Winter In The Ozarks

It’s amazing the things you see if you’re open to them, to the possibilities around us at any given time.

Hubby and I took a drive through northern Arkansas this weekend. He was looking for fly fishing spots. I was along for the ride. It was an overcast day with the bare trees and dry grasses common to Winter. Even in the Ozarks, it was kind of dreary.

As we climbed higher in elevation, we noticed a lot of fog in the high valleys. The winding road grew steeper and in a short time, the fog turned to a fine frost which coated the tops of tall trees. Here the evergreens were sparse in number, leaving the forest looking like some bizarre Tim Burton world. Half frozen, half somber and somewhat menacing.

On we climbed, and with each mile gone the ice crept farther toward earth. Finally, it spread across the ground. Along the road, tall, feathery tufts of grass grew a good foot above the shorter stuff, their frosted tops bowing as if to some deity. Overall, the icy wonderland was ethereal and eerily beautiful. I could easily have spun a fantasy tale from the scene, complete with an ice witch and her frosty minions.

Another writer would probably see an ice fairy or a princess and happy woodland creatures. Me? I’m convinced the Ice Witch’s beauty would only camouflage her evil. Of course, I don’t care for the cold. It’s insidious and penetrates my bones too easily.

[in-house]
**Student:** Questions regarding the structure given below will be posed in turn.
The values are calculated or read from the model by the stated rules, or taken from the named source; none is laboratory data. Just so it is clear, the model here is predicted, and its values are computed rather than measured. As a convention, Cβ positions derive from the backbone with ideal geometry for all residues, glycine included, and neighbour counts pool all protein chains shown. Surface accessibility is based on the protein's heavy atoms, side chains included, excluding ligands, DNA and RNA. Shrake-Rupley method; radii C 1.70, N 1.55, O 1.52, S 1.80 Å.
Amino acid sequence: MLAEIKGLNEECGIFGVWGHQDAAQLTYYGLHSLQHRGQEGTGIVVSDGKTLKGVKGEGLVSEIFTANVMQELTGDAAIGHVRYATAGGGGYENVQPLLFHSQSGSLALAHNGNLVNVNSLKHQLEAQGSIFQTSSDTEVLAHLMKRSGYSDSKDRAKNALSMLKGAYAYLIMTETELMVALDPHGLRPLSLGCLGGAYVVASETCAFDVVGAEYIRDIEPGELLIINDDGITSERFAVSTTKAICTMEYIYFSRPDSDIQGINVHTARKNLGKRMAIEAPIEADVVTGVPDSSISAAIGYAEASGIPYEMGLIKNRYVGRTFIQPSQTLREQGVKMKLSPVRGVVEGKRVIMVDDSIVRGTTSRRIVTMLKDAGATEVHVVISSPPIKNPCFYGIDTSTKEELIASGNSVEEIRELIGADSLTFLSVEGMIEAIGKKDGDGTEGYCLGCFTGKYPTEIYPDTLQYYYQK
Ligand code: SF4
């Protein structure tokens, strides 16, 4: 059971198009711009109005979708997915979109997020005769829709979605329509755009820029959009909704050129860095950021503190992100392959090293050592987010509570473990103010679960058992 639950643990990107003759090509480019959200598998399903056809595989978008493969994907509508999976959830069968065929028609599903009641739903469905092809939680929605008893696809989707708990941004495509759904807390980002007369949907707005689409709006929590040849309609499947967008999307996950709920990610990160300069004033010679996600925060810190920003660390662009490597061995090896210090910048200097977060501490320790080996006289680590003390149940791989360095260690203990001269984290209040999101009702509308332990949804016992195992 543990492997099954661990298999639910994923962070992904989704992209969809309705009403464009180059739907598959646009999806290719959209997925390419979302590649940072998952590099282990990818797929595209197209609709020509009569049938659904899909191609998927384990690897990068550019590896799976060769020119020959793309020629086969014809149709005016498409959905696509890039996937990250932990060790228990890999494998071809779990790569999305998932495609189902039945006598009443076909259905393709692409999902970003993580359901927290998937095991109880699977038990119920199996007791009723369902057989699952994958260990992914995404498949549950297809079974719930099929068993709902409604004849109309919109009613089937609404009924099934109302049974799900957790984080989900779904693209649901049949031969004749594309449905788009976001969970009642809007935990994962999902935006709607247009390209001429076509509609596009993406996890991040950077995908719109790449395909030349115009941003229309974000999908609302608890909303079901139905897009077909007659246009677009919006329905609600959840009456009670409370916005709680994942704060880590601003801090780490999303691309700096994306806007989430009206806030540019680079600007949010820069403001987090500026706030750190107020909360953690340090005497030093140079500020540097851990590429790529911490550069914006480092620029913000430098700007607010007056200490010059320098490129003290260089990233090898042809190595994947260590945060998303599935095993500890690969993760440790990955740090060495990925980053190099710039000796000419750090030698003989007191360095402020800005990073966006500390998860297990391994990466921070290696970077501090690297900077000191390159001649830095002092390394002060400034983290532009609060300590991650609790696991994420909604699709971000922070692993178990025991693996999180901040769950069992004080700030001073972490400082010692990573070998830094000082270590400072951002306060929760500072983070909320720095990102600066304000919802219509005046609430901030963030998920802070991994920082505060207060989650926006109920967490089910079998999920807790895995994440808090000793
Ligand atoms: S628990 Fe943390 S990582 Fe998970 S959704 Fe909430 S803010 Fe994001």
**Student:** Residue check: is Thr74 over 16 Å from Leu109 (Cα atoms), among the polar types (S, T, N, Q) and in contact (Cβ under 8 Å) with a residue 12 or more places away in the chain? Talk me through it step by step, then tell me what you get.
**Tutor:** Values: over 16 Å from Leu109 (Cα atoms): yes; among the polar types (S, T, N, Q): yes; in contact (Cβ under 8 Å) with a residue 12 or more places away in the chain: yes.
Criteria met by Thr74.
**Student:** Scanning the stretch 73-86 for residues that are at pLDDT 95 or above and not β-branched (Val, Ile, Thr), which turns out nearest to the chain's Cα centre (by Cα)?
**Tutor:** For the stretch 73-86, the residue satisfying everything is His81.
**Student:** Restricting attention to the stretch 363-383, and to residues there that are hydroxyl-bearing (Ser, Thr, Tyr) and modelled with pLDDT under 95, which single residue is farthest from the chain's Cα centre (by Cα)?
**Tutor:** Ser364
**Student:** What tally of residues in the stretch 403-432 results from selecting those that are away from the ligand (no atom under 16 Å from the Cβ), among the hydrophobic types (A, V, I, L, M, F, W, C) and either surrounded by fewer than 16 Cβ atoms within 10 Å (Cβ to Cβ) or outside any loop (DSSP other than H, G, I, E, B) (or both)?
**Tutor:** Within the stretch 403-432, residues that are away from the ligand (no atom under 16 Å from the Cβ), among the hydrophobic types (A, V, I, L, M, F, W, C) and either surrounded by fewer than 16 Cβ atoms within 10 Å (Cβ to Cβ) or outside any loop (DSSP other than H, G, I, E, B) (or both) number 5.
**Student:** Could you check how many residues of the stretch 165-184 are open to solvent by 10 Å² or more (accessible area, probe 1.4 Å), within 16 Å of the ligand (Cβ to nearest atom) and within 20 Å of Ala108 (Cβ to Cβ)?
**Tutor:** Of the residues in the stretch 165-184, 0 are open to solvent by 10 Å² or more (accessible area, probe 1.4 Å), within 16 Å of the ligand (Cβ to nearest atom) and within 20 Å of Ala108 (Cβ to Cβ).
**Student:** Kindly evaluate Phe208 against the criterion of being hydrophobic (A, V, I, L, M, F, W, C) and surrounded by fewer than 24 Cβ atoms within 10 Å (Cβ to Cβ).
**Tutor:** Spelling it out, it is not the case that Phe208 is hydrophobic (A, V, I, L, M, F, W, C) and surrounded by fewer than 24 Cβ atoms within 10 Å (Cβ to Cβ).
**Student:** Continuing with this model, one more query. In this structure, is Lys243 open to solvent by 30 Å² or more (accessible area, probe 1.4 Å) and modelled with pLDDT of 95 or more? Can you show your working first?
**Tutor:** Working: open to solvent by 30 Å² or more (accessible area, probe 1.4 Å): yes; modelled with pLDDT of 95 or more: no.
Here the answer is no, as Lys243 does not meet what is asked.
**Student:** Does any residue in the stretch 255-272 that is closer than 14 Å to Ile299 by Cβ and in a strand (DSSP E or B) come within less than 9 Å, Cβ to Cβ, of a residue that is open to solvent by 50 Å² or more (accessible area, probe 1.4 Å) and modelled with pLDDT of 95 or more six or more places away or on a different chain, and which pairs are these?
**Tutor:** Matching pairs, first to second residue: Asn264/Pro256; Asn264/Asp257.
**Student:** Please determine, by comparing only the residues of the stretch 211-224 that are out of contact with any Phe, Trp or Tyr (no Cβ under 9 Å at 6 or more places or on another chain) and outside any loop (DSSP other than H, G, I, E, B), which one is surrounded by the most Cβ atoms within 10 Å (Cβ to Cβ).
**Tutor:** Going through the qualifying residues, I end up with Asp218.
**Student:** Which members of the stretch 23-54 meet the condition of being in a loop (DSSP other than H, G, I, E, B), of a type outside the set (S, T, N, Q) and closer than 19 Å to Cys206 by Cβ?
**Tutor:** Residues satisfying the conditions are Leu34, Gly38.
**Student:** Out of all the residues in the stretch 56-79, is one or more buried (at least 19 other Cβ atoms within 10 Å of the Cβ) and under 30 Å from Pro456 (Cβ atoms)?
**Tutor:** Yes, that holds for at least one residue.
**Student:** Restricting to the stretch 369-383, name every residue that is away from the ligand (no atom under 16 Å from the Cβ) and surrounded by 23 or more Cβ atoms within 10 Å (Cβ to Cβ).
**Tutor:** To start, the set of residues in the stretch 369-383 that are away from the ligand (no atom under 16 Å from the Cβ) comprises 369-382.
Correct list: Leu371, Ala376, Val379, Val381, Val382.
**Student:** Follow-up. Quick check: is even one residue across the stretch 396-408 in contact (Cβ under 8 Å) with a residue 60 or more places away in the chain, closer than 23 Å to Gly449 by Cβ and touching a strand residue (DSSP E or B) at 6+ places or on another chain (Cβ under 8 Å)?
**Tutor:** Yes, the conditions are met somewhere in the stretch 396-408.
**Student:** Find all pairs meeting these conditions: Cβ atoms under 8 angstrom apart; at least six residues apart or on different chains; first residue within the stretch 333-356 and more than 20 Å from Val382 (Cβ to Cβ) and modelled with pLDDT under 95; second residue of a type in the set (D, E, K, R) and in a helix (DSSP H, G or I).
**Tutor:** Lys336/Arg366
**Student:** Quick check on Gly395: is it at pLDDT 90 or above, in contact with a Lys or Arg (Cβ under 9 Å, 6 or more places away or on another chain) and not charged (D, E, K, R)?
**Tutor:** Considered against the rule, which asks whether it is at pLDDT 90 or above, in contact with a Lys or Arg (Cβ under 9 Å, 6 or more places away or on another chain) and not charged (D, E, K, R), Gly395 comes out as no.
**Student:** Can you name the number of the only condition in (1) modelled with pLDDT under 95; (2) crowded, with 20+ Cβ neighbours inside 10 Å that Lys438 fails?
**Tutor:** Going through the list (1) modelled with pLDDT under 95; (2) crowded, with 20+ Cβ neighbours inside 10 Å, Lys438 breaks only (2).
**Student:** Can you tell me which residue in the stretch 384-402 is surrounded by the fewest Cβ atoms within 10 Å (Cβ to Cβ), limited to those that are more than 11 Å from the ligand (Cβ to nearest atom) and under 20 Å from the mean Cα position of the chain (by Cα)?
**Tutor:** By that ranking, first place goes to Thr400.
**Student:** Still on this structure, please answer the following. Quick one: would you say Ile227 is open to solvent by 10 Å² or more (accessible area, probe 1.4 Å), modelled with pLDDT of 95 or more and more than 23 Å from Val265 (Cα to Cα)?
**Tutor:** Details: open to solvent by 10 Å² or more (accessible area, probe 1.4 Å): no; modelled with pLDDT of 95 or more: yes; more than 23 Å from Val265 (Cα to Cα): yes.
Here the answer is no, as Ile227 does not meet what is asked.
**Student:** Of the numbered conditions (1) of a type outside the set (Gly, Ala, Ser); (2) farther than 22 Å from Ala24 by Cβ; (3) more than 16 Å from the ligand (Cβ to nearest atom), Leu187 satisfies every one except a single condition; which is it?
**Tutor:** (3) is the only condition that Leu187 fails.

Tell me, how would you interpret the scene, or can you only envision my version now that you’ve read it?

About these ads

About Carol Burnside / Annie Rayburn

Carol Burnside is an award-winning author of the Sweetwater Springs series of contemporary romance with serious sizzle. Her personal second-chance-at-love story resulted in a marriage to her high school sweetheart of thirty-plus years. Also published in short stories, Carol’s novel length manuscripts have placed in numerous contests and won five, including the prestigious Maggie Award for Excellence. Writing as Annie Rayburn, she produces soft sci-fi and lite paranormal erotic romances which have been favorably received. Talk about cross-genre! Enjoy excerpts, review snippits, and more about her sexy Crainesian characters here on her website or connect with her on www.PetitFoursAndHotTamales.com.
This entry was posted in Annie Rayburn, Carol Burnside, Everyday blather, Going Places, Here at home and tagged , , , , , , , . Bookmark the permalink.

10 Responses to Winter In The Ozarks

  1. Michele says:

    I could feel myself getting colder and colder as this story went on. Great imagery. I tend to see this type of snow/ice as “lacy”, the best way I’ve ever found to describe it. Although I hate winter, seeing the outdoors as something pretty helps me tolerate it better.

    • Lacy is a good description of the grass frost, but the trees were otherworldly looking. Tim Burtonesque was the best I could do with their spindly limbs coated and reaching all directions. Staying in the truck with the heater going helped me tolerate it. LOL!

  2. A magical place that exists only once a year. When it forms the souls of the ice people return to life. And when it melts, their souls rise as tiny clouds.

  3. maxine says:

    Great post. The car heater wasn’t enough; I stayed cold. Write more about the Ice Witch – sounds good.

  4. tamibrothers says:

    This is a great post, Annie! I really felt it. I’m with Maxine. Love that Ice Witch. ;)

  5. Pingback: Petit Fours and Hot Tamales - Reading, Writing and Romance

  6. Pingback: Our FIRST Good News and Mash-Up blog post » Petit Fours

Comments are closed.